- UN commits to stop ocean plastic waste
- Report: environmental regulations can drive growth
- French banks stride ahead of European peers in fight against climate change
- Australia needs new watchdog to tackle slavery, parliamentary inquiry says
- Chinese ban on plastic waste imports could see UK pollution rise
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Policy & Regulation
Nations have agreed that the world needs to completely stop plastic waste from entering the oceans at the UN Environment Programme (UNEP) Summit in Kenya. Although not legally binding, the resolution commits governments to start monitoring the amount of plastic entering the ocean. The resolution includes a raft of measures to address pollution in its many forms, in an effort to create a “Pollution-Free Planet”. UNEP says that it has received 2.5 million Beat Pollution Pledges from governments, municipalities, businesses and individuals. Although ministers are starting to take plastic waste more seriously, environmental groups have warned that they need to move much more quickly. UNEP deputy head, Ibrahim Thiaw, said the next step was “to move concretely to a plan of action”. (BBC News, Sky News)
Read more: Ocean Plastics – The next business opportunity? by Rita Sampainho.
Well-design environmental regulations can boost business investment and improve products and infrastructure, a new analysis by engineering consultancy BuroHappold has shown. The research is based on interviews studying the impacts of key environmental regulations in the buildings, waste, and car-making sectors in the UK. It found the cost of compliance was far outstripped by the economic benefits triggered by the rules, which include higher levels of investment in R&D, better and more efficient products and infrastructure, and net job creation. However, the report warns that regulations must have a “clear, stable sense of direction” and be introduced in a way that works with business timescales in order to deliver maximum growth potential. (Business Green)
New research by ShareAction, which ranks the 15 largest European banks on their disclosure and management of climate-related risks and opportunities, shows French banks take three out of the top five spots. Scored out of a possible 162 points, the five top performers are BNP Paribas (107), UBS (4), HSBC (92.5), Crédit Agricole (92), and Société Générale (89). Their leadership is largely due to new French legislation that strengthens mandatory disclosure requirements on climate-related risks. Italian bank UniCredit and UK banks Lloyds Banking Group and Standard Chartered ranked at the bottom, scoring 42, 52.5 and 37 respectively. Thirteen out of 15 banks confirmed their intention to implement the Task Force on Climate-related Financial Disclosures recommendations. (ShareAction; Financial Times*)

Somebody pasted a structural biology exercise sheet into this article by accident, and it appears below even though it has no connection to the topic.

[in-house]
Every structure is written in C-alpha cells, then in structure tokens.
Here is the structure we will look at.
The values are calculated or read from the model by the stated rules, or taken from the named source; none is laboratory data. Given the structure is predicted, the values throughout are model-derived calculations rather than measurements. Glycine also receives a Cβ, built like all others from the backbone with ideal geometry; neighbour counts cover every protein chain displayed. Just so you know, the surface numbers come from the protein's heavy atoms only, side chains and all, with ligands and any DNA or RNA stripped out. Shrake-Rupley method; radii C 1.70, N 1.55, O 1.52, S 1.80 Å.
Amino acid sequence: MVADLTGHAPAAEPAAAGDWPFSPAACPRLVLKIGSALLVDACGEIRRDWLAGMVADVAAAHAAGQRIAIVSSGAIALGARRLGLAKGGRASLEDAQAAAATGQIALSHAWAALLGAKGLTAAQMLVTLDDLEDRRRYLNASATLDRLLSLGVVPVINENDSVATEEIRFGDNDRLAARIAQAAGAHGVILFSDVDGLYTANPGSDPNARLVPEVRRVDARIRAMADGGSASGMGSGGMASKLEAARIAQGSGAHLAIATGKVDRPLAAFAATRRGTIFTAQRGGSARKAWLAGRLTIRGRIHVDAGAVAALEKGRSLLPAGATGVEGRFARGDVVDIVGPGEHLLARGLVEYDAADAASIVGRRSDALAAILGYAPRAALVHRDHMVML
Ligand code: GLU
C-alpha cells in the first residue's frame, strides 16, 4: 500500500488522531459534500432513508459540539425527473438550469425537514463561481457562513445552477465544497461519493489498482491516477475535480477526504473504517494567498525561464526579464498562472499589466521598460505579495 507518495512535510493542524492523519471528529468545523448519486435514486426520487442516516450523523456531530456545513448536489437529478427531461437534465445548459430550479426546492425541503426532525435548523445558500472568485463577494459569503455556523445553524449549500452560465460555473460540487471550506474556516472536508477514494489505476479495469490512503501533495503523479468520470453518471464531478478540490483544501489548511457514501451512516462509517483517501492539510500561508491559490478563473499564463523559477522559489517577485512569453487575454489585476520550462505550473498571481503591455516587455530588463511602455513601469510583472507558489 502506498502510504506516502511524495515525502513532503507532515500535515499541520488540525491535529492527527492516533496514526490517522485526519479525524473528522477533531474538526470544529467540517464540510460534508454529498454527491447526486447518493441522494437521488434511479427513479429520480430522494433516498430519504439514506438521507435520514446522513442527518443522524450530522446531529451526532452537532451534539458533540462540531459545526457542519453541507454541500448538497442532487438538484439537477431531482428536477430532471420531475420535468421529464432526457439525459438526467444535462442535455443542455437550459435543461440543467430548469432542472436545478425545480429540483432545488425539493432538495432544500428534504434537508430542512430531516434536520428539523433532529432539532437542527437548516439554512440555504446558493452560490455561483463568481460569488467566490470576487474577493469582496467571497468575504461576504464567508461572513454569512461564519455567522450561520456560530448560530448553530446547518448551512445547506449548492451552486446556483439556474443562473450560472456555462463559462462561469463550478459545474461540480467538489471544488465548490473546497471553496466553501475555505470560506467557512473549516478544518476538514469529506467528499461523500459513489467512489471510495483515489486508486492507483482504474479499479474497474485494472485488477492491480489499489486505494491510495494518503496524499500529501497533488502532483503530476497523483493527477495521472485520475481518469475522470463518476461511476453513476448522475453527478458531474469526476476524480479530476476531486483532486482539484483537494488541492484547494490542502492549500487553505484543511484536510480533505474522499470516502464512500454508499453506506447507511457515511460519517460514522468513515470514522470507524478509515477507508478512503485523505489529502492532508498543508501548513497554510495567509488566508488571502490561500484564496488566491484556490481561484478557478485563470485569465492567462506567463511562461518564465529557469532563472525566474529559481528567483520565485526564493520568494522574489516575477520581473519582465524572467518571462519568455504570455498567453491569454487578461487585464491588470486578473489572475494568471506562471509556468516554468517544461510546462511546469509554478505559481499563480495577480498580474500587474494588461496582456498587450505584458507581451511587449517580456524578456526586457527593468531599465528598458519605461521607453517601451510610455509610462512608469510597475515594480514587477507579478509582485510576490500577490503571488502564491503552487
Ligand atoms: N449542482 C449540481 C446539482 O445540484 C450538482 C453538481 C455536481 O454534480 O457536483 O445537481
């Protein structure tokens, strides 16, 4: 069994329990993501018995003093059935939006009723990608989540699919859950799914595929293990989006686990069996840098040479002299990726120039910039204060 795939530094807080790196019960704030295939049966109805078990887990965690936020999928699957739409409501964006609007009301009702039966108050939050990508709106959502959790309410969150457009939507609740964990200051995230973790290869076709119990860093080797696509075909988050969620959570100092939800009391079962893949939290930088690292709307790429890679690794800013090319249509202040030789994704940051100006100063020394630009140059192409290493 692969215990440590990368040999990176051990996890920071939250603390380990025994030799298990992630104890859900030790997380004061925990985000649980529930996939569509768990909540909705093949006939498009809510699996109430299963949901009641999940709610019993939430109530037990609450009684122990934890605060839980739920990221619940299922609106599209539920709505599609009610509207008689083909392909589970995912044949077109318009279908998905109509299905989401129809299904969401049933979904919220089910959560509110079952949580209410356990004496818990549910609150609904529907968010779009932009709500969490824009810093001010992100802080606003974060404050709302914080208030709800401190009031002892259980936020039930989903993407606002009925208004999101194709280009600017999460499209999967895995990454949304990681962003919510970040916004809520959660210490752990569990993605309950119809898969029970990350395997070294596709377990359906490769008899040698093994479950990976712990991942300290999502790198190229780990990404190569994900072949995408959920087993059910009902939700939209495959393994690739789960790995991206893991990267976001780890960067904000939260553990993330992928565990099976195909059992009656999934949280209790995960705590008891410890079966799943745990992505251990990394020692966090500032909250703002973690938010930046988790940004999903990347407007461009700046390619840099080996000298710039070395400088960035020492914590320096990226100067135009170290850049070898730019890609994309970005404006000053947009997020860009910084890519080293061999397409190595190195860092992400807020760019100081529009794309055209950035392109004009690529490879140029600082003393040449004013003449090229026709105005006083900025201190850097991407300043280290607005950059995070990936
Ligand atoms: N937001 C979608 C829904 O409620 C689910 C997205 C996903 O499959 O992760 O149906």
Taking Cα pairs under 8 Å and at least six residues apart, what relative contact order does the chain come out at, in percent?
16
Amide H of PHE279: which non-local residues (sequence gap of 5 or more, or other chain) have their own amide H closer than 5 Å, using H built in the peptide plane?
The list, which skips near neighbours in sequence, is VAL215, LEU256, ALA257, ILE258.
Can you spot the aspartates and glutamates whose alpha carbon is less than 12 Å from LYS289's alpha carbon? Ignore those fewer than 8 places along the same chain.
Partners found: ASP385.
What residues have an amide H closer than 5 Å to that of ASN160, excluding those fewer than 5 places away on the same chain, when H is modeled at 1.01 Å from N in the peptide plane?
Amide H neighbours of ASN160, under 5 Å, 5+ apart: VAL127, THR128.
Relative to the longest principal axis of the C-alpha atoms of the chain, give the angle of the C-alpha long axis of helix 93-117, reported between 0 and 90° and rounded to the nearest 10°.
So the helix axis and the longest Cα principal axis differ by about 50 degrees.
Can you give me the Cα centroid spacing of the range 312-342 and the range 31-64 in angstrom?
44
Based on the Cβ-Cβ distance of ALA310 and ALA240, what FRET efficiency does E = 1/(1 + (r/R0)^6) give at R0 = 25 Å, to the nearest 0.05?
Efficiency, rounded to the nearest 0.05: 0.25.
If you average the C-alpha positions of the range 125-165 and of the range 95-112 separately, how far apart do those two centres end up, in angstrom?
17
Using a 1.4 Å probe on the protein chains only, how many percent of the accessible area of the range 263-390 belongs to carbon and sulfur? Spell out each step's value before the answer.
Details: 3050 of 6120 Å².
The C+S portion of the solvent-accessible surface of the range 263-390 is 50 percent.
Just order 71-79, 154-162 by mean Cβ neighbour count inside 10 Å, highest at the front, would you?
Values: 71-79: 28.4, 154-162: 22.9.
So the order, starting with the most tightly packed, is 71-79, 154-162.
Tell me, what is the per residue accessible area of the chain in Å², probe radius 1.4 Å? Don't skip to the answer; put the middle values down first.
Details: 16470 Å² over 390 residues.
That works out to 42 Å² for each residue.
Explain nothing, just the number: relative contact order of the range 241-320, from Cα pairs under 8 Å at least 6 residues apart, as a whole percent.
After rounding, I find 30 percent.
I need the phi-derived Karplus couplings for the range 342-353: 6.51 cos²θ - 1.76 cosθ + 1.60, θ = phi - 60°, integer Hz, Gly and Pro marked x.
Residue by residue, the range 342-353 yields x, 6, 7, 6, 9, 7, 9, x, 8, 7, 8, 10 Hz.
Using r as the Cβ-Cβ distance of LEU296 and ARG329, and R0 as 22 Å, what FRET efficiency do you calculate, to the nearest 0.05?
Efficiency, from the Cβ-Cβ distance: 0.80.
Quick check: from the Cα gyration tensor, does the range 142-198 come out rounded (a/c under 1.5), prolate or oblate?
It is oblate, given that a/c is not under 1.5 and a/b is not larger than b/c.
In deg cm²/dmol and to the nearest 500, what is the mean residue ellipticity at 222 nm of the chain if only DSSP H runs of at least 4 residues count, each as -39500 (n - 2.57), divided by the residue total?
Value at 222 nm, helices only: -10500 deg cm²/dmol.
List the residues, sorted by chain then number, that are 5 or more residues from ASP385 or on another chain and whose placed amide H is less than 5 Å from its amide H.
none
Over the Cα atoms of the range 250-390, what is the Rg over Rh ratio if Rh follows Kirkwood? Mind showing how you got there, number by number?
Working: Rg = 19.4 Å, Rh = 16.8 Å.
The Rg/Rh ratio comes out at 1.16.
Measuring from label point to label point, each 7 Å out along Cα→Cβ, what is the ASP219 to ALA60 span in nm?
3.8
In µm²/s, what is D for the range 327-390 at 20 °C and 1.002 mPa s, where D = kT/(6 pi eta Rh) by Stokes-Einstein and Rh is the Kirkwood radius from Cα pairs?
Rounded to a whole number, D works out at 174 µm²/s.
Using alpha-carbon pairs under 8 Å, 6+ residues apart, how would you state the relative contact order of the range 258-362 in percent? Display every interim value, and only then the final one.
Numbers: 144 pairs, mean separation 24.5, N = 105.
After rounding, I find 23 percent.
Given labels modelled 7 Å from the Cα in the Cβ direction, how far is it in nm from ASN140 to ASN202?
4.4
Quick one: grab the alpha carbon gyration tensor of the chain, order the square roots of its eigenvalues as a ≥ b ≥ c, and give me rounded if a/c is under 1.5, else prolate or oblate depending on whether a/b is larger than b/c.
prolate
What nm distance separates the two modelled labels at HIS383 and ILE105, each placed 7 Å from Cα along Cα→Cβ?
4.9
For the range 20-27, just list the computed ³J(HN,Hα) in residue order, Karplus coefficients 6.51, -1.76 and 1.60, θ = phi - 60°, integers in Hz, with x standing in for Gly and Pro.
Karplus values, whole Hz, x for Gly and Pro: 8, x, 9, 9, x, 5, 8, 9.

Read more: Why 2018 will be the year of climate risk reporting, by Charlie Ashford.
Australia needs a comprehensive suite of new laws to stamp out modern slavery, a Federal committee’s report has found. The report details a blueprint for the creation of a modern slavery act in Australia that mirrors the UK’s. It calls for the creation of an independent anti-slavery commissioner and to force corporations with a revenue of AUS$50 million or more to prove they are not profiting from slavery in their supply chains. The inquiry follows evidence of a lack of awareness of modern slavery in Australian businesses’ supply chains. In a joint statement with anti-slavery groups, universities and business groups, the Australian Human Rights Commissioner has supported a publicly-accessible registry of modern slavery statements. The latest estimates suggest that 4,300 people in Australia are victims of modern slavery. (ABC News; Guardian)
A ban on imports of millions of tonnes of plastic waste by the Chinese government from January could see an end to collection of some plastic in the UK. Analysis by Greenpeace reveals British companies have shipped more than 2.7 million tonnes of plastic waste to China and Hong Kong since 2012 – two-thirds of the UK’s total waste plastic exports. Pressure is growing on the UK’s environment minister, Thérèse Coffey, to take urgent action to support the UK recycling industry. Stuart Foster from Recoup said the restrictions should be an opportunity for the UK to develop its own infrastructure and create a circular economy in plastics. This summer the Chinese government notified the World Trade Organization (WTO) that it intended to stop the importation of 24 kinds of solid waste by the end of 2017. (Guardian)